You know the old saying, “you can take the girl out of the country, but you can’t take the country out of the girl?” Well, I reckon, that would be me. I grew up on the wrong side of the tracks and we were poor. No one told me we were poor. I reckon I just figured it out on my on. We were as poor as Joe’s old turkey. We didn’t need an alarm clock to wake us up. As soon as the sun came up, the rays from the sun woke us up as they beamed through the cracks in the house. I mean, I don’t think this house even had sheet rock. Yep, we knew it was time to get up. Why, when we got running water in the house you would have thought that it was the greatest thing since sliced bread. We lived in a little old three bedroom shack right by the railroad track. There was no indoor toilet. Just the outside two seater and a Sears and Roebuck catalog. Today, things are a little different for me. I no longer have to use the outhouse. In fact, I have quite a few bathrooms to choose from. I am not bragging now, ya hear? Cause guess who has to clean the dang things. Back then, I had to go out the back door and walk across the yard to use the outhouse. When the Sears and Roebuck catalog was missing, we knew where to find it. Gosh, it sure was different back then. Just think there was no such thing as credit cards, well manicured lawns or putting pine straw down in your yard. Why, Memma used to take a broom and sweep the yard. My husband and I got a notice in our mailbox the other day from the subdivision telling us that we needed to put fresh pine straw down. Can you imagine that? I asked my husband, “what’s wrong with the old?”I tell you what, though, you can say all you want about being poor, but let me tell you one thing. We ate good. My Mama always had a pot of pinto beans and a pone of cornbread. There was always a jug of sweet tea, too. Mama always cooked our breakfast before she went to school. I feel really guilty about that. I hope my kids had a bowl of cereal before school, I mean, I think they did.Today, kids have all of those fancy games to play. We used to gang up at Memma and Granddaddy’s farm, go down to the barn and have a good ole corn cob battle. Memma and Granddaddy had a house full of kids and just as many grandkids. We were always at their house. Going down to the barn and throwing corn cobs at each other was good, clean fun. Yes, it was until someone rolled a corn cob in cow manure. Of course, we played Annie Over, tag and we were always jumping rope.Yes, I went through a time when I tried my best to be a Southern lady. You know, there’s a lot to learn about dealing with Southern women. You just learn the tricks of the trade a lot quicker than anyone else. Like knowing how to act, what to say just comes natural to Southern girls. For example, you just play dumb when you know it pays off to play dumb. It all started in the movie Gone with the Wind with “I don’t know nothing about birthing no babies”. There are times when I have had a flat tire and I have stood there like a knot on a log, “I don’t know nothing bout fixing flat tires.” Works everytime, especially before you hit a certain age. And, let me tell you, I don’t know anything about fixing flat tires and I don’t want to know. And, you notice, Southerners are always fixing to do something or going over yonder? Yea, we may play dumb to some things, but we can drive tractors, trucks and, if we have to, cuss like a sailor.Charm, charm, charm. Southern girls can charm the horns off of a billy goat. We just smile, act dumb and sip our mint juleps. Now, sometimes, it pays to act smart. Especially, if you are around a girl that is dumber than a truck, you have to outwit her by showing your smarts. Southern girls have a knack for sizing up a situation and playing the right cards. We Southerners also have our pride and all of those little rules that have been handed down for generations stick with us forever. For example, one thing I cannot get away from. No matter how hard I try. I will never wear white before Easter or after Labor Day. I have stood in my closet with my hand on a pair of white pants and, nope. I cannot make myself take them off that hanger if it is before Easter. That is a definite no, no because Mama said so and her Mother said so, and my Great-Grandmother said so.There are a lot of rules to abide by when dealing with Southern girls. Never talk about her family. I don’t care if her family is poor white trash, you better not say anything about them. Now, she can trash them all she wants, but no one else can. That will get her dander up quicker than anything. If she is talking about Uncle Joe being a sorry sack of crap, and a good for nothing piece of pole cat, you best just listen. If you say, Yea, that sorry old so and so.” Better watch out because she will go nuts.Don’t ever get too uppity with a us either. And, you best layoff our men. Case in point: An uppity girl who definitely forgot her raising comes to visit in her designer clothes, Jimmy Choo shoes and Gucci sunglasses. Miss Southern Girl’s beau is definitely drinking in the cleavage that Miss Uppity is displaying. Miss Uppity knows it and continues to lean in a little close to the beau. She laughs and giggles and smiles coyly. After all, she has been up north for awhile and she thinks hers doesn’t stink. Miss southern girl standing there in her unclaimed baggage jeans that turns out to be designer just didn’t cost as much as Miss Uppity’s. Finally, having had enough, Miss southern girl’s eyes get all squinty – you know that beady look. She takes in a deep breath and watch out, here comes the fangs. She turns to Miss Uppity and says, “I love your dress, honey.” Miss Uppity smiles and looks down at her polished nails. “Thank you,” she shrugs. Miss southern girl continues, “Sugar, I didn’t know your Mama was still sewing; did she make that dress for you?”This should put her in her place really quickly. Miss Uppity might also hear the following quips:“You’ve lost a ton of weight, Bless your heart”“Your sister sure did look sickly the other day, bless her heart”“Yeow, hmm, uh huh,” means shut the hell up because she has tuned you completely out.“I didn’t know you took Home Ec in school”“Don’t you just love home-made dresses”“I really like those jeans, yea, Wal-Mart is really coming along”“Love that dress, honey, don’t you just love a bargain?”And, to someone that has been trying to lose weight for awhile “Yea, don’t you just love weight watchers; did you just start?” Too, tacky is a favorite word of the southern girl. “God, can you believe she wore that God awful tacky dress to his funeral?”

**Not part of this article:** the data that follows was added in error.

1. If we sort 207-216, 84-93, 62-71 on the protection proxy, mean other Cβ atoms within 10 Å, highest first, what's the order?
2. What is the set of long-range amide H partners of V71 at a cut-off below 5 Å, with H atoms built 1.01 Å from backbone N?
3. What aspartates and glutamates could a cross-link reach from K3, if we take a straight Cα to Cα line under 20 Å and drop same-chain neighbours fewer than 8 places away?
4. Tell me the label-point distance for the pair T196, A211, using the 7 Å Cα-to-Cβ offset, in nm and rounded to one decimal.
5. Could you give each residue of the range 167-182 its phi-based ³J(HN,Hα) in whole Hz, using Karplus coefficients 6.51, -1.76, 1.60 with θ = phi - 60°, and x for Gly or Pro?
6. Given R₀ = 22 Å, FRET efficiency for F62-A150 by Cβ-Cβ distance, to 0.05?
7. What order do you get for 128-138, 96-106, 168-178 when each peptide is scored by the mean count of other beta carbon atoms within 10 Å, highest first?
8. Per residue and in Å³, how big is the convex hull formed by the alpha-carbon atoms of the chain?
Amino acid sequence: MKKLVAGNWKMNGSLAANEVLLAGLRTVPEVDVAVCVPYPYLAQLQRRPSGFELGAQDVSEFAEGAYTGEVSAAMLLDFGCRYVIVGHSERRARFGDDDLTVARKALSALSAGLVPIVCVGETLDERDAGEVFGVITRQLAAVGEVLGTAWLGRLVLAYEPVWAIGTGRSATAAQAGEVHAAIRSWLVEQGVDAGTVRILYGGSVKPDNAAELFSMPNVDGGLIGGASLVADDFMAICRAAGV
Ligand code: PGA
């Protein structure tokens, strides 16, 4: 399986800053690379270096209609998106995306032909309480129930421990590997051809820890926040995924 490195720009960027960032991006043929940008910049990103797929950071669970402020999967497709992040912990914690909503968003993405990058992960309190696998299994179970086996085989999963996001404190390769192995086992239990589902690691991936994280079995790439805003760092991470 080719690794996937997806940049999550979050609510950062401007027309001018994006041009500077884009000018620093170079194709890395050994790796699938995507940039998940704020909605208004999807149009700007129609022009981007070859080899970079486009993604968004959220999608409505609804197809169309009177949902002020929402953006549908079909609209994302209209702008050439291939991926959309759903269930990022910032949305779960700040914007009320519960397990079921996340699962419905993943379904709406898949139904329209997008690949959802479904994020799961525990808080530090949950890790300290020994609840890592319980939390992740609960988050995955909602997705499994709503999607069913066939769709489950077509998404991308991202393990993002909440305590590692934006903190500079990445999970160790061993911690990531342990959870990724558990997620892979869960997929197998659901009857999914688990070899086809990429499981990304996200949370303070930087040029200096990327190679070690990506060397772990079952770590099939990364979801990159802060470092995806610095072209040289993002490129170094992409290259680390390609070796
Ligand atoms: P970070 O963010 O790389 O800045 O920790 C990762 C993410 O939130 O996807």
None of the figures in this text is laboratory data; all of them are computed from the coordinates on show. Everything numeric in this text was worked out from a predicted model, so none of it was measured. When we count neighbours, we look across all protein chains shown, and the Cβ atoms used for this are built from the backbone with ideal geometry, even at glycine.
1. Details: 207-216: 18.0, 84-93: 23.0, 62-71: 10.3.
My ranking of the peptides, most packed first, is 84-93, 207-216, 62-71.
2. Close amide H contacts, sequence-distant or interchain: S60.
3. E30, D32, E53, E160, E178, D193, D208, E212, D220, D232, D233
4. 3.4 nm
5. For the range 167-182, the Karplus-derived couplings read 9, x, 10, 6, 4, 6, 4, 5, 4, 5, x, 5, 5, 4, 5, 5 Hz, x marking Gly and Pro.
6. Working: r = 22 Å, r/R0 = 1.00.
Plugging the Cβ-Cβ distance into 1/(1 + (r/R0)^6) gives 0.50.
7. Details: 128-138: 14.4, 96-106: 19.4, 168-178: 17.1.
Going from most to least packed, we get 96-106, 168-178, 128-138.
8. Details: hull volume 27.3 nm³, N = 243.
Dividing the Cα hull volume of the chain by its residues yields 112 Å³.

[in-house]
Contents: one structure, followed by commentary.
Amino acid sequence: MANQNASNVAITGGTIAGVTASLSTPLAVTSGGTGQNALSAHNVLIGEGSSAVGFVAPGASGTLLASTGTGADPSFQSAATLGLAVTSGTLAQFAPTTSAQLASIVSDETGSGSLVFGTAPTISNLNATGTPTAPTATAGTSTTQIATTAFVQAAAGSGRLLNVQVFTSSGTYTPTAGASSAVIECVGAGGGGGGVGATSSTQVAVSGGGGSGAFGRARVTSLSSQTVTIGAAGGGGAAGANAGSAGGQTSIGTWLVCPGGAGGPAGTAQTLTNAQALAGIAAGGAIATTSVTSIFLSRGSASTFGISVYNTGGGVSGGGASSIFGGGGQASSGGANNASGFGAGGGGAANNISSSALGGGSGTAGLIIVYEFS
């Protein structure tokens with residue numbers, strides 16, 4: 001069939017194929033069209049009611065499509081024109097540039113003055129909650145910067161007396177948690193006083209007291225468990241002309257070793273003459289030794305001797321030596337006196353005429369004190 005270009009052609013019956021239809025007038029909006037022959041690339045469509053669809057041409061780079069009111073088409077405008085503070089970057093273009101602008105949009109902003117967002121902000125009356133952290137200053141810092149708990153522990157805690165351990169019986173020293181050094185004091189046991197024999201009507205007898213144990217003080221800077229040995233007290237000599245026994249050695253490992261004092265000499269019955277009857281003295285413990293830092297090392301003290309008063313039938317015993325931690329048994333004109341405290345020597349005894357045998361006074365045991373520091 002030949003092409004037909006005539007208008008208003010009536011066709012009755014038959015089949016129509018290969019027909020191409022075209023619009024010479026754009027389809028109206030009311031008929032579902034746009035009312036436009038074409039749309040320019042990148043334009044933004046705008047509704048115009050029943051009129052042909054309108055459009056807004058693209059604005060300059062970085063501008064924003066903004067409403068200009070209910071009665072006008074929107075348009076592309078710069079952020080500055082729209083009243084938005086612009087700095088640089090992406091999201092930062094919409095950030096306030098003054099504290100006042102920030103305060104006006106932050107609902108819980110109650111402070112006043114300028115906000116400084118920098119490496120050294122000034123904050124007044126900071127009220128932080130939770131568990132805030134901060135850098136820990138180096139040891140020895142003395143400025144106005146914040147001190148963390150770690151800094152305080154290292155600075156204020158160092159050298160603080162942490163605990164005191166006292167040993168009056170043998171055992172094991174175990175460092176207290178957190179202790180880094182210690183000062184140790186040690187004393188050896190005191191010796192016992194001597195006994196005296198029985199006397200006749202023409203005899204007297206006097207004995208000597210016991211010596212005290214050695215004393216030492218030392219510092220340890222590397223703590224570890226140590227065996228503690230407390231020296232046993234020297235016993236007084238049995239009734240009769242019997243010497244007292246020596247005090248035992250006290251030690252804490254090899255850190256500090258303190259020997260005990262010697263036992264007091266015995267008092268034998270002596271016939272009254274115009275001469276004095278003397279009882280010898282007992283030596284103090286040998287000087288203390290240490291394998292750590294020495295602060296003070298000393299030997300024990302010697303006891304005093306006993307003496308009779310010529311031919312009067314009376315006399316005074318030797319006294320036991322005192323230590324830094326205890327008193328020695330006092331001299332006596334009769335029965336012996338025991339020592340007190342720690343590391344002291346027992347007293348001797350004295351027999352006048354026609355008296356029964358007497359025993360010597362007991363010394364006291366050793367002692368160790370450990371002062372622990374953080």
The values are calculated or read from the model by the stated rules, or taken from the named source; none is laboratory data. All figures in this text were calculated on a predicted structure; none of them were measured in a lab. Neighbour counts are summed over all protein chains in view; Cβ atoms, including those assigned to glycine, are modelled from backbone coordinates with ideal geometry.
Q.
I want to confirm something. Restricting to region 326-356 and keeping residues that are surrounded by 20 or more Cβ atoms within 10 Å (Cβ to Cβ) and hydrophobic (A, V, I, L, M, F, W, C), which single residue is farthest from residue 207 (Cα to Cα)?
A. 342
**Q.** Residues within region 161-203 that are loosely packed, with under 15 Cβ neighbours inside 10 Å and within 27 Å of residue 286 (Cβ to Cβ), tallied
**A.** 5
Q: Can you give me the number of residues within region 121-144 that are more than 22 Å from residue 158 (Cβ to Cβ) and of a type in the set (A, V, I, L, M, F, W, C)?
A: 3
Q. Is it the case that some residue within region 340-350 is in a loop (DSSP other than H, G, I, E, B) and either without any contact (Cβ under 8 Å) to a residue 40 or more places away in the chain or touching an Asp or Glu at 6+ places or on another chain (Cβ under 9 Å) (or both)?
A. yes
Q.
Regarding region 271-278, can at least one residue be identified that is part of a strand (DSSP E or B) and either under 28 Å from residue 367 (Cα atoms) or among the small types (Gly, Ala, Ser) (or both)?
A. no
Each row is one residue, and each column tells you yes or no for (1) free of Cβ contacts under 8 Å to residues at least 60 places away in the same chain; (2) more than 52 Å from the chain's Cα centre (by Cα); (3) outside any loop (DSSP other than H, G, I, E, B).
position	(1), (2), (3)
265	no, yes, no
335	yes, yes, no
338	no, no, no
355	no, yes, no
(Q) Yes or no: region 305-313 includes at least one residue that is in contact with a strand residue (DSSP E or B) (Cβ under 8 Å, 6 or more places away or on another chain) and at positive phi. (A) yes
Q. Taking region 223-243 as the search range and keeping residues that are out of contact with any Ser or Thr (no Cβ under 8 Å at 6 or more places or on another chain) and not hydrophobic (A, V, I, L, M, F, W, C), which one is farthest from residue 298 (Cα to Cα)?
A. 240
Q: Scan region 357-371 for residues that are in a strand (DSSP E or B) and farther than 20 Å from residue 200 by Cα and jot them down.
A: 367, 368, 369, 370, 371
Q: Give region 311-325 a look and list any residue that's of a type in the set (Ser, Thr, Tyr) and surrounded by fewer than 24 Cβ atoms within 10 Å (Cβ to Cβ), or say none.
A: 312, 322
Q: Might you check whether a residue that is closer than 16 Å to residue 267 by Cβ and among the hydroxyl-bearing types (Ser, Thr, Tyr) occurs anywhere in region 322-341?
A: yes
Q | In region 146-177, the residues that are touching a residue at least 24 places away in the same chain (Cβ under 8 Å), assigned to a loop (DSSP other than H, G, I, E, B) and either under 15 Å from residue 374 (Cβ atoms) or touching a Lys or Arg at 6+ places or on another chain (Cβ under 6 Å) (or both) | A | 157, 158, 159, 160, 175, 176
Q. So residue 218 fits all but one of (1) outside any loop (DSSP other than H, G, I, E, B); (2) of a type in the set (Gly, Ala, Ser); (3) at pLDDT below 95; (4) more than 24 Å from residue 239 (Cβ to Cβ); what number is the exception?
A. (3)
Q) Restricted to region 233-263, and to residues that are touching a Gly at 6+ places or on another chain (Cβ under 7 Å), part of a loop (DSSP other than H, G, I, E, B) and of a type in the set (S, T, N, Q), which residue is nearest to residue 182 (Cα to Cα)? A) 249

There are lots of other Southern sayings that you might find amusing. You might find that you use some of these words: “Are you serious? Serious as a heart attack”“I’m fixing to go”“I’m going over yonder”“Whar”“Well, I’ll say…“Honey, you ain’t whistling Dixie”“Cold day in hell”“Serious as a Christmas turkey”“If I’m lying, I’m dying…”“There ain’t a cow in Texas“Honey, sugar wouldn’t melt in her mouth”“that will make you slap your Grandma”“She’s looking might pekad”“She looked purt (pert) today”“Come sit a spell”“She looks like death warmed over”Yap, yep, death’s knocking on her door”“Someone ran over my grave”“Putting on the dog”“Crazy as a Bessie bug”Yes, for sure, you need to know how to deal with Southerners. They don’t cotton too well with anyone who has forgotten their come uppance. I never will forget a cousin of my Mother’s who went off to Chicago to work. He was up there about a month and came back for a visit. Lord have mercy. You would have thought he was speaking Chinese when he came back. Everyone talked about his “northern brogue”. He really put on the dog. I know that his poor old Mama was embarrassed to death that he forgot his come uppance. In other words, he forgot how he was raised. He came back home talking like a Yankee. That went over like a lead balloon. People sniggered behind his back. But, I can tell you one thing, no one said a word in front of his Mother. Yep, it is hard to leave your roots and then go home. Those that you left behind always feel a little slighted. So, another big rule is to never ever forget your upbringing.